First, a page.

The most valid argument for said fancy-pants colleges is, for me, one of circular logic. You go to them because we as a society believe they are the best, therefore then become the most selective, we send our best students there, and hence they are the best.

    Nothing beats being surrounded by "smart", focused, self-motivated and most likely successful people.

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    1. What's your prediction?

      (1) Being surrounded by smart, focused, self-motivated people leads to better learning.

      (2) Being surrounded by said people leads to better economic and professional attainment?

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    2. Clearly (2)...

      Do you think many people other than educators really put such a premium on "learning"?

      If there were, there would be more than a handful of K - 12 schools that eschewed number/letter grades for meaningful evaluations..

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    3. Yeah, not sure what's the deal with educators caring about learning. Need to look in to that or something.

      Anyway, you picked (2), the claim that elite colleges help students advance economically and professionally, though not educationally.

      Excellent! I responded to (2) in the last third of my piece.

      Happy readings!

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    4. The last third of your piece...

      "Look, people care about what college you went to. They just do, right? Because it signals to employers that you're someone smart and capable. Are you really more capable? Well, it doesn't matter if it's true, because people treat it like it's true."


      ...does not address my argument. Hence, why I initially said you're knocking down a straw man.

      Leave the snark out if you choose to respond to this. I was hoping to have a genuine conversation.

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    5. I argued that fancy colleges can falsely signal to employers your value, and you're arguing that colleges afford you connections that advance your value without advancing your skills.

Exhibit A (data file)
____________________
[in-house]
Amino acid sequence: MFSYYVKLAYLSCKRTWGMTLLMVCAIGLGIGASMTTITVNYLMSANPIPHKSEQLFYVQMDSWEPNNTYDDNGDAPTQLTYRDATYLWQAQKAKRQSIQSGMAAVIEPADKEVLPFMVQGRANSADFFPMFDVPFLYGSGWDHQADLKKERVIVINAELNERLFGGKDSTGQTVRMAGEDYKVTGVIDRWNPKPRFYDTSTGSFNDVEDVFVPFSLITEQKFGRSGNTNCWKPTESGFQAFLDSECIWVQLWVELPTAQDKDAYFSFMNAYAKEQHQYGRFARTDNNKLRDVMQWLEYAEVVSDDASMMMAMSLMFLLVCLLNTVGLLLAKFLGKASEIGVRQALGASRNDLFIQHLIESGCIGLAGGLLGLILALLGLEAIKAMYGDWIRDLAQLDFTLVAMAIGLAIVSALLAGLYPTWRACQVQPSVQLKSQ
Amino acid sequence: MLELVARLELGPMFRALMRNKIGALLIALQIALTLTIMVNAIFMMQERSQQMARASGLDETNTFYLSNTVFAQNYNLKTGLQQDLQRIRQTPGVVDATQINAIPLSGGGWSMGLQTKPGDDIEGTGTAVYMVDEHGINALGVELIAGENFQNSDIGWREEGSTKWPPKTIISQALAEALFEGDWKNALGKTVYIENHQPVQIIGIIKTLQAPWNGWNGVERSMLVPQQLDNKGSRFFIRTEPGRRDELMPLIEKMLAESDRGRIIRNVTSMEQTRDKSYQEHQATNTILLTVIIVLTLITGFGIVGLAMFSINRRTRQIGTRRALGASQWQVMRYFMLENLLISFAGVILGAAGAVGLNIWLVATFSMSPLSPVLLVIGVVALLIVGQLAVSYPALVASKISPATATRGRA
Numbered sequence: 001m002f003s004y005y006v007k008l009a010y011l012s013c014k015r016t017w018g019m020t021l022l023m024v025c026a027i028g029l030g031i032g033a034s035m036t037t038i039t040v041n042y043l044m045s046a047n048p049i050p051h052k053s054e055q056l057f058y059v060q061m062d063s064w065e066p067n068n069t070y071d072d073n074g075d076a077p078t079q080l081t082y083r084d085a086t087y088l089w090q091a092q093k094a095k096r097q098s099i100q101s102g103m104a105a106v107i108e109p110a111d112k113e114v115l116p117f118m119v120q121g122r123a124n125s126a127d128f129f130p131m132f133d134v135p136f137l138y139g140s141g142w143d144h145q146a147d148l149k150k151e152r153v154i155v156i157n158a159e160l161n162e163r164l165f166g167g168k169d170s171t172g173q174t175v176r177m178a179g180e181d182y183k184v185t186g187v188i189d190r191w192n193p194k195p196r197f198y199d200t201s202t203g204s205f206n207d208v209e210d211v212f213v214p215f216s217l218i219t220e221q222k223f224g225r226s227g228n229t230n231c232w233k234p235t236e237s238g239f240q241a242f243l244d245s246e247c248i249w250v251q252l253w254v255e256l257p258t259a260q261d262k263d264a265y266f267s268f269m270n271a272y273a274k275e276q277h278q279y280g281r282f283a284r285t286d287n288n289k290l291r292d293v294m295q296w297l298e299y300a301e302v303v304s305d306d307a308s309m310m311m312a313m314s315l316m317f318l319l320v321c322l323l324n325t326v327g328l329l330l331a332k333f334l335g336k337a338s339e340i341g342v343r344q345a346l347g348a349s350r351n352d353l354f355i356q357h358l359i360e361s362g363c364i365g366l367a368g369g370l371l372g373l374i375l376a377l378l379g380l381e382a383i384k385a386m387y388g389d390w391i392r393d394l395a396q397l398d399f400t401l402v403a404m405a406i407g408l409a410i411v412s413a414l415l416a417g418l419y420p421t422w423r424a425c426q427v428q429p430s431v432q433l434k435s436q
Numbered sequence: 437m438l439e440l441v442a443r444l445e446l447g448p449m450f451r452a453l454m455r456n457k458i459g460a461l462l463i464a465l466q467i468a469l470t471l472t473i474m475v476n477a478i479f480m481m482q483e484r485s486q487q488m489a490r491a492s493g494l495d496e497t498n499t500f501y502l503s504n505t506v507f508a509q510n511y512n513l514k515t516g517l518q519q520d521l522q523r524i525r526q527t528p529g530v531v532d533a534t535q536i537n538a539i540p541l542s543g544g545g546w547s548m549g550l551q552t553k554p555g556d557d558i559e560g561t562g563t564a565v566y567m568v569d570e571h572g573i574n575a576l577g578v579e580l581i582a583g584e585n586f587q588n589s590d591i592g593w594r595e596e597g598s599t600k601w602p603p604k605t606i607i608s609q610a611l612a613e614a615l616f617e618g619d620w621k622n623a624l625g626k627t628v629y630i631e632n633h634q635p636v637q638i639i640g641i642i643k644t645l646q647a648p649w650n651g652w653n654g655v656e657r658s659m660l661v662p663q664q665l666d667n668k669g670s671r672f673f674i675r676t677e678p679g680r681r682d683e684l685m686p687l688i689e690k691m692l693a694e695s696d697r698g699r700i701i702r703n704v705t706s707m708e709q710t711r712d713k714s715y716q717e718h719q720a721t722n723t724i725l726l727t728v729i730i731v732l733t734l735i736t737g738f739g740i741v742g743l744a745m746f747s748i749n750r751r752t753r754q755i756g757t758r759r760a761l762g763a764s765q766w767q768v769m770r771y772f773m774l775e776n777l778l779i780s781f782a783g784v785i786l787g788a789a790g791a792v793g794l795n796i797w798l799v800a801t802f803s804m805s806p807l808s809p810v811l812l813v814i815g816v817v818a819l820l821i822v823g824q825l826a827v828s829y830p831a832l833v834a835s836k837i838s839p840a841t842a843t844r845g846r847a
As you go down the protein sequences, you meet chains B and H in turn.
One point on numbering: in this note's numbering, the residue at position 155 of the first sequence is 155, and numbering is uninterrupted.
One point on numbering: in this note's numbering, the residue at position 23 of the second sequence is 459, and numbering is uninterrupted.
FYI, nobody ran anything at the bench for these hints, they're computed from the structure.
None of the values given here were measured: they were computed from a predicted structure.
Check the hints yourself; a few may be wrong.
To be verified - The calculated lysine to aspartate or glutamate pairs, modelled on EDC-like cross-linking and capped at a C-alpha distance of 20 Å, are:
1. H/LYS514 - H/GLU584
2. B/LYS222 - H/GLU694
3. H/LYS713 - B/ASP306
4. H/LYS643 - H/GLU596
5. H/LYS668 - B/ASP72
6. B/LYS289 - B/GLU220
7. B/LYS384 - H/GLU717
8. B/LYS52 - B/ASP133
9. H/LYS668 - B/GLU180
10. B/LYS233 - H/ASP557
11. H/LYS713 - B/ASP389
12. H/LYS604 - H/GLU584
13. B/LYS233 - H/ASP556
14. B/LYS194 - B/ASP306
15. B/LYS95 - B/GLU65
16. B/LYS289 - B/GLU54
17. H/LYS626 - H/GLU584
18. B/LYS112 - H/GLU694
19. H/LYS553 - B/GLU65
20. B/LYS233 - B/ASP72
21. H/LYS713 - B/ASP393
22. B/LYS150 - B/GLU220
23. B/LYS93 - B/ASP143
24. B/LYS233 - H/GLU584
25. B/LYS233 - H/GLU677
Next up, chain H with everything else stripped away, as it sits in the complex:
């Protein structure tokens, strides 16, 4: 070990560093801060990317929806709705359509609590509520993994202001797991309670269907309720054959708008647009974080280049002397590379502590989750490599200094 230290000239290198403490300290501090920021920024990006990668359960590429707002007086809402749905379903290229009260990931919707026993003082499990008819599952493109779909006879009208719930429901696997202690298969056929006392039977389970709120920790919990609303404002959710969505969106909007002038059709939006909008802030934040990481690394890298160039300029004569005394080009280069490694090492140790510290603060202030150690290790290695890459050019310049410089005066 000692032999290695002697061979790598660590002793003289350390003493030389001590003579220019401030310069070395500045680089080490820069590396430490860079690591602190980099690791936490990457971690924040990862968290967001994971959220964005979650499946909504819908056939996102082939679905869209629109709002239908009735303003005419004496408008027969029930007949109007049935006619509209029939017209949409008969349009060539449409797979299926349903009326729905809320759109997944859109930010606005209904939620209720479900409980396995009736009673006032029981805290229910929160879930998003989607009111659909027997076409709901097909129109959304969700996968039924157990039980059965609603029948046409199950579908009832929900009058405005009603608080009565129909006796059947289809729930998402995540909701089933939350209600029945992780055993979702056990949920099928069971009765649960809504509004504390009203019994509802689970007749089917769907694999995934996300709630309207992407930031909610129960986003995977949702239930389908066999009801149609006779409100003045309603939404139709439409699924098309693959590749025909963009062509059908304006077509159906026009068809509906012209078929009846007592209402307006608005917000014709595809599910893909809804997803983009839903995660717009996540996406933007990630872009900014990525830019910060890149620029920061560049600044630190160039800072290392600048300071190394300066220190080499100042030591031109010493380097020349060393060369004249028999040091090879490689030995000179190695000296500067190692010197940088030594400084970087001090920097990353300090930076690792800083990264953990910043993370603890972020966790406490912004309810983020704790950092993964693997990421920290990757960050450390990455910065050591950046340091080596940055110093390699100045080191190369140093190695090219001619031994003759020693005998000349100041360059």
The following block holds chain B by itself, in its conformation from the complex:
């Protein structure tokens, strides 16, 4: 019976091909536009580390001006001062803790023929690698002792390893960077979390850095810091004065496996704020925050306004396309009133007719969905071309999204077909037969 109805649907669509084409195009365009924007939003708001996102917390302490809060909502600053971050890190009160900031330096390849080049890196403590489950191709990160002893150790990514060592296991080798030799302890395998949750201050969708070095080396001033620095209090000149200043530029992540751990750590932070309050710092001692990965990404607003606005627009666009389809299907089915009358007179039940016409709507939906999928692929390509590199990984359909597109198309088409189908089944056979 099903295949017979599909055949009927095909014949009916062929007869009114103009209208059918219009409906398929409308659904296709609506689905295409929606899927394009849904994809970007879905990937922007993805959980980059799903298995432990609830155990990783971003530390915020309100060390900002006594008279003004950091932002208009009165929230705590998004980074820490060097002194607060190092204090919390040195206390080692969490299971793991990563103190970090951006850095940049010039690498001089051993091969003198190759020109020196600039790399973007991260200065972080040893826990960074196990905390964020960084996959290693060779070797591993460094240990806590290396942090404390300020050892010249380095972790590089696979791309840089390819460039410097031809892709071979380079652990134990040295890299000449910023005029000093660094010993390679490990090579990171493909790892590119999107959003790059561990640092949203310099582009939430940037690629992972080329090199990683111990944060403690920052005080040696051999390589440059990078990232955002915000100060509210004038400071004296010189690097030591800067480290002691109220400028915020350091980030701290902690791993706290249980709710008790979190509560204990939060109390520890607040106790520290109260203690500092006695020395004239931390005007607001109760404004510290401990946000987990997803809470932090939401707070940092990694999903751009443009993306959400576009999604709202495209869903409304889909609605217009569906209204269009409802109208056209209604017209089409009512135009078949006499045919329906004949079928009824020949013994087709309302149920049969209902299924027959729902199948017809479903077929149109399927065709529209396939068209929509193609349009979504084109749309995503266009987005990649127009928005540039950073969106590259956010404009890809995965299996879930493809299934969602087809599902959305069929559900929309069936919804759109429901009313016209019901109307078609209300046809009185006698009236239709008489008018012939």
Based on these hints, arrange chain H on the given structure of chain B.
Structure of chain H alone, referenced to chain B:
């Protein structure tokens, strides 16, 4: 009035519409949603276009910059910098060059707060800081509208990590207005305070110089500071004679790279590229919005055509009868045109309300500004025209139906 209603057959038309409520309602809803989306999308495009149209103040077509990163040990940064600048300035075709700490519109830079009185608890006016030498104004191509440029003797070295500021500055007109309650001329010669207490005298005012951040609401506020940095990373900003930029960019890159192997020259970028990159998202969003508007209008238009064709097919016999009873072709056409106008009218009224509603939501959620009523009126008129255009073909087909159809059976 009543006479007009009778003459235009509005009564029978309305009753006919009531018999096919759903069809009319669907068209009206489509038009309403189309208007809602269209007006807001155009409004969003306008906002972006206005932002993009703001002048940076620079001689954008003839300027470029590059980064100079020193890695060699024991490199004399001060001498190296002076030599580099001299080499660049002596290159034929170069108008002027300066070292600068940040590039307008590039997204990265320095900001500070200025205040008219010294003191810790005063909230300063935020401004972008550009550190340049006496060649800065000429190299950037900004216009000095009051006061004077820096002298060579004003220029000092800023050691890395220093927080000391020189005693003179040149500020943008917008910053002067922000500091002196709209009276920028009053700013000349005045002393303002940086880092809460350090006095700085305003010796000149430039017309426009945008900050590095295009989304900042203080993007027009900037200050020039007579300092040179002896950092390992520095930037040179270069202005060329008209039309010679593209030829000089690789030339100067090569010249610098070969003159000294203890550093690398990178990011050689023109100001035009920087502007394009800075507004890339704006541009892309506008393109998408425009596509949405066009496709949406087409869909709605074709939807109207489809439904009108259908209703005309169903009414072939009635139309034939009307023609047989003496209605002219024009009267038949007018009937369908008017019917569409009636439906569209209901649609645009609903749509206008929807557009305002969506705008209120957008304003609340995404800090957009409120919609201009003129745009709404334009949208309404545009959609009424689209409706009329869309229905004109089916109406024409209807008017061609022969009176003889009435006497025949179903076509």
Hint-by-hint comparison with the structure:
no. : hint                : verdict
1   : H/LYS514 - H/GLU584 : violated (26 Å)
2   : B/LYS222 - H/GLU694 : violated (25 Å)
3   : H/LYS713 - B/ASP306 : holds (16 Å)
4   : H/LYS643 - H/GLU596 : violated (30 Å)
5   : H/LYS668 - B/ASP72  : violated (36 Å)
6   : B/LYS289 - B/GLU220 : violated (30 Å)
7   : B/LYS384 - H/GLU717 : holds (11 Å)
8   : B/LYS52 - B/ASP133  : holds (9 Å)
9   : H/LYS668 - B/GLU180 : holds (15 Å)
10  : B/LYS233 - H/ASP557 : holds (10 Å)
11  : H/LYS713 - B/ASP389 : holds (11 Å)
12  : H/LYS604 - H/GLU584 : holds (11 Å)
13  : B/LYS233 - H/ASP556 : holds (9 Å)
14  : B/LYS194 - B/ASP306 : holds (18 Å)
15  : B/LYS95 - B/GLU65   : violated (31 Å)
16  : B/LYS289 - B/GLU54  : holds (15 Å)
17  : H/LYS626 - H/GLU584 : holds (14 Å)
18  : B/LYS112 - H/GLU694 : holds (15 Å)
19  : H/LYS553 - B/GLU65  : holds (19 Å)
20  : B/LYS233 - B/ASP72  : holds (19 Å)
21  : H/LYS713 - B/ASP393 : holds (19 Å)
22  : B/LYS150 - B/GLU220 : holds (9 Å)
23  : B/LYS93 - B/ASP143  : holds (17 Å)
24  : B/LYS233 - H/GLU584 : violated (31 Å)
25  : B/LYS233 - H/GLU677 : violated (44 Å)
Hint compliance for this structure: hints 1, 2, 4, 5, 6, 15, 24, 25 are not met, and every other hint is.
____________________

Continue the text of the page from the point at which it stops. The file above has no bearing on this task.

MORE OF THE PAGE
I'm not denying that a fancy college will help your professional or economic standing. I agree that (2) is true.

      I think my arguments in that last third should apply equally to (2). Even though there are aspects of fancy pants colleges that undoubtedly yield economic benefits, I don't think we should be pushing most kids towards them.

      Compare: there are undoubtedly economic benefits of being more attractive, but that alone isn't enough to justify cosmetic surgery.

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    6. Isn't the point of going to a fancy college peer selection? I thought it was all about networking. Both your friends and your professors are going to be very valuable to you as you find your place in the plutocracy.

      They facade of providing a more 'rigorous' education is about appearances to maintain their status as an elite institution. It's about status. You can't get the same status from a state school.

      Employers who give extra consideration to the fact that you went to an elite institution are valuing who you know rather than what you can do.

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  2. Michael,

    One problem I see with your argument: You assume that the content is the same for subject courses - what if my degree from the fancy pants University covers subject matter in greater depth and detail than U of Suck?

    Is this enough reason to encourage high achieving students to get in to the best university possible?

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    1. "...what if my degree from the fancy pants University covers subject matter in greater depth and detail than U of Suck?"

      Is this true?

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    2. It is for a lot of institutions over here - certainly for Maths and several science and engineering subjects.

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  3. Some other points to consider:

    1) The prestige of a college or university is often correlated with its endowment, which in turn is related to financial aid. It can be much cheaper to go to a well-endowed university.